It’s good to be the king. And it’s good to be a Kentucky basketball fan.
Over the last 50 years the Wildcat faithful has witnessed some of the best teams to ever grace the hardwood. Obviously, the BBN will take their team above all others, but how do outsiders stack the best UK teams up against the competition? The college basketball staff at The Athletic has an answer to that question that will delight you.
Last week the sports media outlet ranked the 25 most dominant college basketball teams of the last 50 years. Four Kentucky teams finished in the top 15, starting with Joe B. Hall’s 1978 National Champions at No. 15. Like the 1978 team, the 2012 Wildcats only lost two games, finishing in the poll ranked No. 12, one spot behind a team that fell in the Final Four, the 38-1 Kentucky Wildcats from 2015. The 1991 Running Rebels from UNLV (No. 4) are the only team ranked higher that did not win a title.
Near the top of the list you will find one of the greatest teams ever assembled. Rick Pitino’s Untouchables from 1996 finish at No. 6. Brian Hamilton statistically puts into context that team’s greatness.
Enter: The Untouchables. Do we really need to say much more than that? Fine, we will. There’s plenty of material. A 27-game win streak, and exactly one loss after Thanksgiving week. A roster featuring nine players who would have NBA careers and flowed beautifully together at the college level; the Wildcats took more shots (2,461), made more shots (1,198) and scored more points (3,292) while dishing out more assists (783) than any other team in the country. Eight of the 10 players who appeared in at least 30 games shot 50 percent from the floor, and all of them were at 46 percent or better.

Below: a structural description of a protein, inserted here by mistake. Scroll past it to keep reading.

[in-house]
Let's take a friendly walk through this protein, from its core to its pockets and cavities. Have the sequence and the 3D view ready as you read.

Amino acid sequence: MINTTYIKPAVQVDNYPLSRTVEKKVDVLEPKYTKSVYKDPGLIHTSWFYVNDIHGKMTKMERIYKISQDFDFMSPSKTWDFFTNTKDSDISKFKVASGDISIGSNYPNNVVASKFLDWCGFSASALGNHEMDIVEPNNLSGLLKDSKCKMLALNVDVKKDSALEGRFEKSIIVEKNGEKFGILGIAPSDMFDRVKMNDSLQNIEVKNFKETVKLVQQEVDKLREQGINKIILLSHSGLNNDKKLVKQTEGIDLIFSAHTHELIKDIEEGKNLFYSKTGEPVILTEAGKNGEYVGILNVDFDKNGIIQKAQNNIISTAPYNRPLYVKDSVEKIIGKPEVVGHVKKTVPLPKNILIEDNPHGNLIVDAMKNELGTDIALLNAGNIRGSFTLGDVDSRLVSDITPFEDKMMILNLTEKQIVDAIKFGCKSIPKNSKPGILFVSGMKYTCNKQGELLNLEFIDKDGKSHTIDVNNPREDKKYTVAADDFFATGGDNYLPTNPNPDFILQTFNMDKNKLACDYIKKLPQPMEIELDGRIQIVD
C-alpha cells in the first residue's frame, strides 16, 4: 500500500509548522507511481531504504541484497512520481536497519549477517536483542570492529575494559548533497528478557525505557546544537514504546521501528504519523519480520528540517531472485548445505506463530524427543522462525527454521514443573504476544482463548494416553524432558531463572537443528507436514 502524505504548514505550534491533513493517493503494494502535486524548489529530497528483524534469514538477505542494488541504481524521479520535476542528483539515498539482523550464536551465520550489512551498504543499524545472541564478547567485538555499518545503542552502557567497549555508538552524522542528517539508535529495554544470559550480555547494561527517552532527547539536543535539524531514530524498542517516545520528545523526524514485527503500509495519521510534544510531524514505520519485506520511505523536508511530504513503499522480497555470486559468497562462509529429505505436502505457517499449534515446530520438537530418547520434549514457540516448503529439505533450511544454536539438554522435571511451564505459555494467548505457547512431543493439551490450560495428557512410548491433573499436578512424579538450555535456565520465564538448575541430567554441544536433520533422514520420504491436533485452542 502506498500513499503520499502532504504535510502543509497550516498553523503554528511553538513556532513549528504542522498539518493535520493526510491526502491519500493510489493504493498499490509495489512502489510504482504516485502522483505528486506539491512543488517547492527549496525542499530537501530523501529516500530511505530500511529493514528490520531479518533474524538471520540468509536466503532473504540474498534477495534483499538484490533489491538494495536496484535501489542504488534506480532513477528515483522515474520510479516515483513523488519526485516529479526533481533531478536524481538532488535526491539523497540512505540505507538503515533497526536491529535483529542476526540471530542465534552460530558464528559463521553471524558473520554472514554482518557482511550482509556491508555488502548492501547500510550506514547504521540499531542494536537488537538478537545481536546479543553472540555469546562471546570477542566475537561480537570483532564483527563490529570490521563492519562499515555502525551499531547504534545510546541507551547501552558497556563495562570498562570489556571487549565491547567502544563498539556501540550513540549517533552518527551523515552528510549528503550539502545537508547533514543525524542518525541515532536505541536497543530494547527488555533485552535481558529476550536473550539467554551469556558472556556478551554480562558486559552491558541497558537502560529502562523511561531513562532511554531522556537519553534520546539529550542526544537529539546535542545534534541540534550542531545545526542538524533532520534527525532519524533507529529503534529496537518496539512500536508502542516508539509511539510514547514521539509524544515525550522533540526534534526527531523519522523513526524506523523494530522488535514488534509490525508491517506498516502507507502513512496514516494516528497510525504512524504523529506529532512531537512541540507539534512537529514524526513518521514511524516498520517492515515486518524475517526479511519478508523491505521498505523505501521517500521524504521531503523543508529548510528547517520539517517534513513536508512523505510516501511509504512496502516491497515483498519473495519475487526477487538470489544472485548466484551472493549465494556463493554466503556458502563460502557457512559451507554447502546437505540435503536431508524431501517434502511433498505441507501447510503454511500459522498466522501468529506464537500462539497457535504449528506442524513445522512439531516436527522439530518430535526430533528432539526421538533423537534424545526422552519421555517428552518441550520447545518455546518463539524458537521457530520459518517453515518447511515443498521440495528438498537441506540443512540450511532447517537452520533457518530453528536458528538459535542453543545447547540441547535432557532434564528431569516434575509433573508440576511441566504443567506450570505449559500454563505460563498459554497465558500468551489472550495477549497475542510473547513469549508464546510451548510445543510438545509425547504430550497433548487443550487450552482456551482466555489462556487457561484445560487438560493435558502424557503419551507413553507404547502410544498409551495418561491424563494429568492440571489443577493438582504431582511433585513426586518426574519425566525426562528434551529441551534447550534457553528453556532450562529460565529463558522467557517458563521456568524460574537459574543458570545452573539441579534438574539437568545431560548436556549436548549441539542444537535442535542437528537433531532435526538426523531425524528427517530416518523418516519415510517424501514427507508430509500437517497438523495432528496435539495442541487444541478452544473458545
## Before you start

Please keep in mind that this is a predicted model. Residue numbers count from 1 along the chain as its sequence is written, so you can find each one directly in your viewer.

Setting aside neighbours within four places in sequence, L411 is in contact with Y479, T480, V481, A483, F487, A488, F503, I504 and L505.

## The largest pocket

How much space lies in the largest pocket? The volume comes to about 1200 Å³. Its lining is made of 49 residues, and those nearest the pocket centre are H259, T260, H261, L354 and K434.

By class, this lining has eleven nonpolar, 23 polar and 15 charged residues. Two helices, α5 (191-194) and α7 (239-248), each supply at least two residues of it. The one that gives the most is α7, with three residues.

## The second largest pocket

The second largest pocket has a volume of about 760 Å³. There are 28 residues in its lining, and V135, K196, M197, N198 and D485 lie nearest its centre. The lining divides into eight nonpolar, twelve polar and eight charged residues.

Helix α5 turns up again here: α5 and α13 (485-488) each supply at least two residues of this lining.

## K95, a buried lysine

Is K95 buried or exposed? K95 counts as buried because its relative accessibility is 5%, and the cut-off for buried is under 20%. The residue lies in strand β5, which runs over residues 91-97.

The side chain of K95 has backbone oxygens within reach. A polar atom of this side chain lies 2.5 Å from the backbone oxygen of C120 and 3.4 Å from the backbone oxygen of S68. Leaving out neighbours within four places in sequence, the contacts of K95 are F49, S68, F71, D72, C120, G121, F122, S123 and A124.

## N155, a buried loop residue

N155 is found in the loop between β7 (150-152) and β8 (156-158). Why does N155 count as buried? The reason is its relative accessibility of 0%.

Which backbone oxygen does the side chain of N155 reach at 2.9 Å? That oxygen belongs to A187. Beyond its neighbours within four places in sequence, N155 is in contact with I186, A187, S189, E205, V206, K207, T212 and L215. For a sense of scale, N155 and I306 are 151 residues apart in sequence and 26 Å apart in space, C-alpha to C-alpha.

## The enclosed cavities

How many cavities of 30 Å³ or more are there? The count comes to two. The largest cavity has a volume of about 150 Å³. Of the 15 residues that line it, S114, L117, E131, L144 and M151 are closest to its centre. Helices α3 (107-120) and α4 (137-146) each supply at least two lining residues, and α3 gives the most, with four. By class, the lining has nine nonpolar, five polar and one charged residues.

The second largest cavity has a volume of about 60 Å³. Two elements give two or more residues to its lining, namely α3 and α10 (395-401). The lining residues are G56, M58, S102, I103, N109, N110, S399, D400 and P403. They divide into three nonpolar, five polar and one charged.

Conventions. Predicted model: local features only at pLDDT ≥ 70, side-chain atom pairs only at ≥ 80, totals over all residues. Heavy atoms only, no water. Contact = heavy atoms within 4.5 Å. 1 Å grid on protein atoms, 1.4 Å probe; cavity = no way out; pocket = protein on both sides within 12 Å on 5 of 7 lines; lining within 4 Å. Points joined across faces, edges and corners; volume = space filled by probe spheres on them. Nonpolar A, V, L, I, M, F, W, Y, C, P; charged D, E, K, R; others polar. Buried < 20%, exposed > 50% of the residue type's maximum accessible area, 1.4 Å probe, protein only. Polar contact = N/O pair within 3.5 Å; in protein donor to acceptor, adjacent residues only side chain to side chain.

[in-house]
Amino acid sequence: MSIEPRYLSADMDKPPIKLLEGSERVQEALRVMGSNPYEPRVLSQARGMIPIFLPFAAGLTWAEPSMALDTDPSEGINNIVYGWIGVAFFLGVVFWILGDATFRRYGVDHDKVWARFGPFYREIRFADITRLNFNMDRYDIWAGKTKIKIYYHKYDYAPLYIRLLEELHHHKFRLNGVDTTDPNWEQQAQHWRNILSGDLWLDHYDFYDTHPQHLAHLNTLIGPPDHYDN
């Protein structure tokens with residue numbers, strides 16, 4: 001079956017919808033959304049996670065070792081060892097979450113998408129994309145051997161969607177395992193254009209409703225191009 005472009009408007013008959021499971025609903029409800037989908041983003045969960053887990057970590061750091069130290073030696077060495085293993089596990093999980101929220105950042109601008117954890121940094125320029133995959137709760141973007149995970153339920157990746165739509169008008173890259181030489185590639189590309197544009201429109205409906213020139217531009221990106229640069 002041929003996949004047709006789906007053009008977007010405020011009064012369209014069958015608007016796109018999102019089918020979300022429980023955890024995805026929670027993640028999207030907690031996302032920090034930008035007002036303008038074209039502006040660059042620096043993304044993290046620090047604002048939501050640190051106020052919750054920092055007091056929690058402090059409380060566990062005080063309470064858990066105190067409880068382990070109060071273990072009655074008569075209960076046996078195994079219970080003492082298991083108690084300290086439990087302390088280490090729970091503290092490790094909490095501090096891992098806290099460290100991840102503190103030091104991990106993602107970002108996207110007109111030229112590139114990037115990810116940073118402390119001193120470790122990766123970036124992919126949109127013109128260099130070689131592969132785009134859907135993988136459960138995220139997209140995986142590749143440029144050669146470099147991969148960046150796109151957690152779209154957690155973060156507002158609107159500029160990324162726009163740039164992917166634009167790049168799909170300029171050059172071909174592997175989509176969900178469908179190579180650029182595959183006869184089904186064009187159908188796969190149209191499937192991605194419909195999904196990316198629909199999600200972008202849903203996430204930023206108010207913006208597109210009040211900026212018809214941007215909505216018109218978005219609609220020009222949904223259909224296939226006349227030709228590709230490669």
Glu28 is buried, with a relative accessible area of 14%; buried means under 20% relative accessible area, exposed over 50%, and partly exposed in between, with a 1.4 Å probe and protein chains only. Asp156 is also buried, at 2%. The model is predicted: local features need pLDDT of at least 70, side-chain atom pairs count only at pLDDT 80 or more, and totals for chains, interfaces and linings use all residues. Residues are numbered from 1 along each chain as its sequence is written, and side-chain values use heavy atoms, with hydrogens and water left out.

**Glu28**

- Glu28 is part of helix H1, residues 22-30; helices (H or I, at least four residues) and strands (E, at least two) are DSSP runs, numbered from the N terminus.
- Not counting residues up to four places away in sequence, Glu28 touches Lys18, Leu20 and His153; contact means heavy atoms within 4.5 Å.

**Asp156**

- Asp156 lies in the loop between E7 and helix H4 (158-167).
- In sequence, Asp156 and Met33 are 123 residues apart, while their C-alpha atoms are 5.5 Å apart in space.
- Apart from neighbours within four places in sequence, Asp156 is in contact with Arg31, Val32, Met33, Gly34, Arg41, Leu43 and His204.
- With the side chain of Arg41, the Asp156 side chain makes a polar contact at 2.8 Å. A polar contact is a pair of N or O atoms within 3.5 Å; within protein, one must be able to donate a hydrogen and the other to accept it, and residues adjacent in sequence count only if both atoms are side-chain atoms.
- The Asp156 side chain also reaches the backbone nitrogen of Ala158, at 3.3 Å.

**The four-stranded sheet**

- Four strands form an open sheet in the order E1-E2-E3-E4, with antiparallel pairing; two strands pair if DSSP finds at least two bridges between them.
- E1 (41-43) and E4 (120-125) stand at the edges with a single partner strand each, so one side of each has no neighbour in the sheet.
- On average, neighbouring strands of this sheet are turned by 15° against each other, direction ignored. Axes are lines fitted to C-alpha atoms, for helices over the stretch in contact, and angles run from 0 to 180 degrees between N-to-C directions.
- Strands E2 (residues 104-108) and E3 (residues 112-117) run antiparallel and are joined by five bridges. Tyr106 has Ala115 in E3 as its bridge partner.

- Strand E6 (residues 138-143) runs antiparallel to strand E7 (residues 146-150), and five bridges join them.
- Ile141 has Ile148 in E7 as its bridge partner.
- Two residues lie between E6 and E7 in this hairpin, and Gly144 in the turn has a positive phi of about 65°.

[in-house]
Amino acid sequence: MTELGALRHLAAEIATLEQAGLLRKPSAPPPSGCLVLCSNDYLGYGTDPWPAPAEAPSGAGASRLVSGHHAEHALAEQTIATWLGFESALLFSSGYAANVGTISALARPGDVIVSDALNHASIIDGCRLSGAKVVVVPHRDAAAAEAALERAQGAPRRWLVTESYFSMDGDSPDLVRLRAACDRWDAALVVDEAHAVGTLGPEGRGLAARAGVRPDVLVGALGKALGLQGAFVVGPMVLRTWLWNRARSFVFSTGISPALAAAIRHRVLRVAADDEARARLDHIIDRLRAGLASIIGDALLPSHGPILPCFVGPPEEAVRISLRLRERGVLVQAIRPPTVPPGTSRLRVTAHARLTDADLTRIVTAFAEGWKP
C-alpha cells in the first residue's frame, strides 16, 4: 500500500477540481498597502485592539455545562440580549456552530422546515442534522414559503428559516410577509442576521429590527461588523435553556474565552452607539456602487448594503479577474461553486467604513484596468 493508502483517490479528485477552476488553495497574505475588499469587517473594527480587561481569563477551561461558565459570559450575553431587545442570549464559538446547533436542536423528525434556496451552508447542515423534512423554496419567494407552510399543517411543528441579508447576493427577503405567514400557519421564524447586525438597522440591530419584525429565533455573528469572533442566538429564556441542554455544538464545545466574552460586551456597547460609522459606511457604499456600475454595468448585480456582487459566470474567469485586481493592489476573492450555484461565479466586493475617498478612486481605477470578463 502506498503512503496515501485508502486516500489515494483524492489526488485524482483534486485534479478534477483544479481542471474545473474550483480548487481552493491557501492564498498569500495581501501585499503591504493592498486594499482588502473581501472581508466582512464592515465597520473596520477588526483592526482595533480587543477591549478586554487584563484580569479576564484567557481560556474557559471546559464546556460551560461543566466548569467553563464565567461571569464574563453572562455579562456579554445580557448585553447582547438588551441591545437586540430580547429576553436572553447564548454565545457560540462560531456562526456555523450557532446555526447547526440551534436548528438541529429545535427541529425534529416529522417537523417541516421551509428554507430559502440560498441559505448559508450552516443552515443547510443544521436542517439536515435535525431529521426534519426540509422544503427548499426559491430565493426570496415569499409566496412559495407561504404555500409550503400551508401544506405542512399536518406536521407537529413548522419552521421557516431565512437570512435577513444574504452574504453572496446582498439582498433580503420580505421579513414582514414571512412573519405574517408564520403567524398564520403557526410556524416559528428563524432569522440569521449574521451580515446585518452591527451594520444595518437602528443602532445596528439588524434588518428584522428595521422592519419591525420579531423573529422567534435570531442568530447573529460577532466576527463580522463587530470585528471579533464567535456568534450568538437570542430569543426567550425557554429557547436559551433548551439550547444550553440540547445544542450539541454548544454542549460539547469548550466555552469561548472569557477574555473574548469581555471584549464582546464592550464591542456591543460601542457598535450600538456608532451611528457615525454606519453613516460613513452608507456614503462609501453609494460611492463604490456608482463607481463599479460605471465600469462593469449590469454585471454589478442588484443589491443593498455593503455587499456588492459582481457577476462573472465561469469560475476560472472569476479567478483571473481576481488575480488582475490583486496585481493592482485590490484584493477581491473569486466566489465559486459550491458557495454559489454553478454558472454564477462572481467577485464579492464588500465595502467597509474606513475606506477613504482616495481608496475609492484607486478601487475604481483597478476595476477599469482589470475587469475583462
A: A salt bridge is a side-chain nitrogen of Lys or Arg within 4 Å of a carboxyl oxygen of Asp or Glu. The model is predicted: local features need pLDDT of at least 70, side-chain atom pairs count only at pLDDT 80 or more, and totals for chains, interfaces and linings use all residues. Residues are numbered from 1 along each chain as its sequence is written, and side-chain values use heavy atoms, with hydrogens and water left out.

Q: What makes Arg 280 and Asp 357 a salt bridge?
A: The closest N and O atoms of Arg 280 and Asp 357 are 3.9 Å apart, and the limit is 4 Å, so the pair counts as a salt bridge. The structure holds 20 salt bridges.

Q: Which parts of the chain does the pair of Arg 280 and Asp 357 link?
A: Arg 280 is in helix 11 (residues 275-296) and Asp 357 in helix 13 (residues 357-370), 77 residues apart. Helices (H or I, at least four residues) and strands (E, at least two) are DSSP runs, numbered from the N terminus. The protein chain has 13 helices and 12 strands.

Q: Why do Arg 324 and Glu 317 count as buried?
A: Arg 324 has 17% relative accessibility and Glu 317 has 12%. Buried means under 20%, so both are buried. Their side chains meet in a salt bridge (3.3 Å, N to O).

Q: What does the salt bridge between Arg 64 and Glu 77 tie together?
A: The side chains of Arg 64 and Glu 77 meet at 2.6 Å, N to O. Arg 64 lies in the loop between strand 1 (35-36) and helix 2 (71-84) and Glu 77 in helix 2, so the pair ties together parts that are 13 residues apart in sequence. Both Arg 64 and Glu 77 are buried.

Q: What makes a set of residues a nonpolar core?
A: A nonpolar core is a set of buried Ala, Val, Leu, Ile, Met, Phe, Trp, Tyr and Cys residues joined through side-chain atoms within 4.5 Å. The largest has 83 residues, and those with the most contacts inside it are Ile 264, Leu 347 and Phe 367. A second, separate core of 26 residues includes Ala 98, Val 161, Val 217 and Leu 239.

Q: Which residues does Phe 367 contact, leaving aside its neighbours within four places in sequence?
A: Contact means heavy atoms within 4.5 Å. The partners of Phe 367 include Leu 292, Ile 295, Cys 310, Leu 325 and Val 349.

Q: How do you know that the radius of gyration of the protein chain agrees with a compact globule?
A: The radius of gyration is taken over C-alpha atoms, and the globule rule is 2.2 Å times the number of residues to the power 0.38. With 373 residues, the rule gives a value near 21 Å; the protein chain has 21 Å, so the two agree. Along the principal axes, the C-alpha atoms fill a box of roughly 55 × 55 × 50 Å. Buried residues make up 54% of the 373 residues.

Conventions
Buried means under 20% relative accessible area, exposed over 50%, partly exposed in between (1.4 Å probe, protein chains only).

Kentucky also played some defense, leading the country in steals and finishing 11th in blocks, which would explain its plus-22 average scoring margin for the season. It won each of its first four NCAA Tournament games by at least 20 points and then avenged one of its two losses with a defeat of Massachusetts in the Final Four. It was Rick Pitino’s only national title in Lexington and the first since the 1977-78 crew won it all. Fairly amazing that Tony Delk was the team’s only player recognized with All-America honors. Or put another way: Kentucky was this good in a college basketball season that included Ray Allen, Tim Duncan, Allen Iverson, Marcus Camby and Kerry Kittles as its most luminous performers at the top of their games. And The Untouchables outshone them all.
I was pleased to see one other UK team make a cameo. Bobby Knight long claimed that his 1975 Hoosiers were better than their undefeated successors. It’s a real shame Joe B. Hall’s Cats knocked them out of the NCAA Tournament in the ’75 Elite Eight, a real shame.